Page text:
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Books, Arts & Curiosities – Love Story

Finest Hour 115, Summer 2002

Page 32

By Richard M. Langworth

“The Gathering Storm,” a film for television produced by BBC Films and HBO Inc., starring Albert Finney as Winston Churchill and Vanessa Redgrave as Clementine. Script by Hugh Whitemore, directed by Richard Loncraine. 90 minutes. We have eight brand new reviewer’s videotapes (USA format), $40 postpaid in USA, elsewhere enquire; make payable to The Churchill Center.


Churchill films seldom engender unanimity among reviewers, but everyone in the room watching the preview, by kind invitation of the British Consul in Boston, had the same reaction: astonishment at just how good this film is. Even in a cynical and antiheroic age, filmmakers still can recreate what Lady Soames calls “The Saga” without reducing her father to a flawed burlesque or a godlike caricature. With the exception of one huge gap in the story line, “The Gathering Storm” is a masterpiece.

Unexpectedly in the male-dominated world of the 1930s, but perhaps intentionally in 2002, the greatest supporting roles are female. Clementine Churchill is one of these. Badly misplayed by Sean Phillips in the “Wilderness Years” documentary two decades ago (FH 38), Clemmie gets justice at the hands of Vanessa Redgrave.

Redgrave not only looks the part—Winston Churchill, who should know, says the resemblance is uncanny. But scriptwriter Hugh Whitemore has also provided her with exactly the right lines as she cajoles, scolds, wheedles and encourages her husband. “I often put myself in Clemmie’s shoes,” wrote Diana Duff Cooper, “and as often felt how they pinched and rubbed till I kicked them off, heroic soles and all, and begged my husband to rest and be careful. Fortunately, Clemmie was a mortal of another clay.” (FH 83:13).

Equally compelling is Ava (Lena Headey), the beautiful wife of Ralph Wigram (Linus Roache) a Foreign Office official who, as Martin Gilbert revealed in the official biography, risked his career to bring Churchill secret documents on Germany’s rearmament. Devotedly Ava bears her husband’s strain, her deep concern for a son suffering from cerebral palsy, and the worst that politics can throw at her.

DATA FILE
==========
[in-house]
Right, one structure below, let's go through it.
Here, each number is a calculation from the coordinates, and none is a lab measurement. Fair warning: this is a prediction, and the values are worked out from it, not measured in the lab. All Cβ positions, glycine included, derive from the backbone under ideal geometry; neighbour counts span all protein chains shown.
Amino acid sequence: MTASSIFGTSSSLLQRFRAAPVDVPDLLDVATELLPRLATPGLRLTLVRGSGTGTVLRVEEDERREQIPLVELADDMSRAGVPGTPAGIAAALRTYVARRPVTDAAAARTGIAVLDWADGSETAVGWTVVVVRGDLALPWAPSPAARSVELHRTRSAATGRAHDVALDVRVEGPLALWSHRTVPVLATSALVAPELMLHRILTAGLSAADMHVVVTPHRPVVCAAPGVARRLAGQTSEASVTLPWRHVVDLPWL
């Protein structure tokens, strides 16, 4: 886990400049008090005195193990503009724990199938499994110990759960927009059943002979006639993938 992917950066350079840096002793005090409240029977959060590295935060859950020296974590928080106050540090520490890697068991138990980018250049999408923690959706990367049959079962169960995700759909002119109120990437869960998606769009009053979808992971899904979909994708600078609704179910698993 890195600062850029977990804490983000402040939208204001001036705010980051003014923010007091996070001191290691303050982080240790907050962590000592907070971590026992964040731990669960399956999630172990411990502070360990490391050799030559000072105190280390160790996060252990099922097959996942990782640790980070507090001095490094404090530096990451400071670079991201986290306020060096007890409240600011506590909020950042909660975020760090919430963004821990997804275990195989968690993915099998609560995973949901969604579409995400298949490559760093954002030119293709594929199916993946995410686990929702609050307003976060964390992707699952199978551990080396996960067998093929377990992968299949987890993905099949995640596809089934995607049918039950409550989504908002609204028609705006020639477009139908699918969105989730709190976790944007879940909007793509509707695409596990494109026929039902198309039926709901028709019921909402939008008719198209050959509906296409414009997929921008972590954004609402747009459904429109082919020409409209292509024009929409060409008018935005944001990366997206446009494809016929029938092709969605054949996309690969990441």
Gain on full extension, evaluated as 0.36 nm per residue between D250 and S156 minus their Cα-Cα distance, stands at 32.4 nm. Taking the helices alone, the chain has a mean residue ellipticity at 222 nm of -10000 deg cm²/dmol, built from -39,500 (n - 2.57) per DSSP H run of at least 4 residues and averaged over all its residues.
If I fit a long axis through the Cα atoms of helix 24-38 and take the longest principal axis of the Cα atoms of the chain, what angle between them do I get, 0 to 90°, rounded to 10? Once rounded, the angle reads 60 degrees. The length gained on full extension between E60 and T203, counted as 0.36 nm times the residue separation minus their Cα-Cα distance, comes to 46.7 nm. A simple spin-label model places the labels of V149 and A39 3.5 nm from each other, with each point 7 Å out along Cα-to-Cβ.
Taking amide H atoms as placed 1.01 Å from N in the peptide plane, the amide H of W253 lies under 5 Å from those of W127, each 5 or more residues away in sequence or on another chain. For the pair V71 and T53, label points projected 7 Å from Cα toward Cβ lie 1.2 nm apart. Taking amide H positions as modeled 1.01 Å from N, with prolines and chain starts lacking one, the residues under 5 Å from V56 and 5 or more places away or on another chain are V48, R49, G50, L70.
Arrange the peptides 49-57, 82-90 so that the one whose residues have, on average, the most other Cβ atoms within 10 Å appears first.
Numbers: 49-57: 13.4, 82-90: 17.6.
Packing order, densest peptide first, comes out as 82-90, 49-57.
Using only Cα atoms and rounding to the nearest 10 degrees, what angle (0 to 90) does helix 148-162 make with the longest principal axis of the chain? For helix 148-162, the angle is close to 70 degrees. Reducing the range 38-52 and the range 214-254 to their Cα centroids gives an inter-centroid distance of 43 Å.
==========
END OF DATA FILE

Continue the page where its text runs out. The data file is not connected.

Angered by Wigram’s aid to Churchill, a government toady named Pettifer (in life Walter Runciman, President of the Board of Trade) visits Ava with a threat: if Ralph doesn’t stop helping Churchill he will be transferred abroad, leaving Ava and the boy alone in London. She promptly tells him to do his worst and throws him out.

This is an overdue tribute to a little-known heroine. Ava Bodley married Ralph Wigram in 1925. After Ralph’s death from polio in 1936 she wrote to WSC: “He adored you so & always said you were the greatest Englishman alive.” In 1941 she married John Anderson, later Viscount Waverly, Home Secretary and later Chancellor of the Exchequer in Churchill’s wartime government, for whom the Anderson Shelter was named. Churchill was devoted to Ava, and when Anderson died in 1958, Martin Gilbert reports, Sir Winston telephoned her from Chartwell: “After commiserating with her on Lord Waverly’s death he was silent for a while, then said to her with what sounded like tears in his voice, ‘For Ralph Wigram grieve.’”

Albert Finney, who plays Winston, is ten or fifteen years too old and looks more like WSC’s late nephew Peregrine. But his mannerisms and pale blue eyes are right, and he grows on you, despite unnecessary toilet scenes and red velvet siren suits worn round the clock. Finney overplays the role— every Churchill impersonator does except Robert Hardy. He’s no Hardy, but Finney is all right. Again Whitemore’s script comes through: here and there is a snatch of words Churchill spoke in different contexts (e.g., a 1939 broadcast, recast as a Commons speech in 1936). But the flow is so seamless that only the determined critic will notice.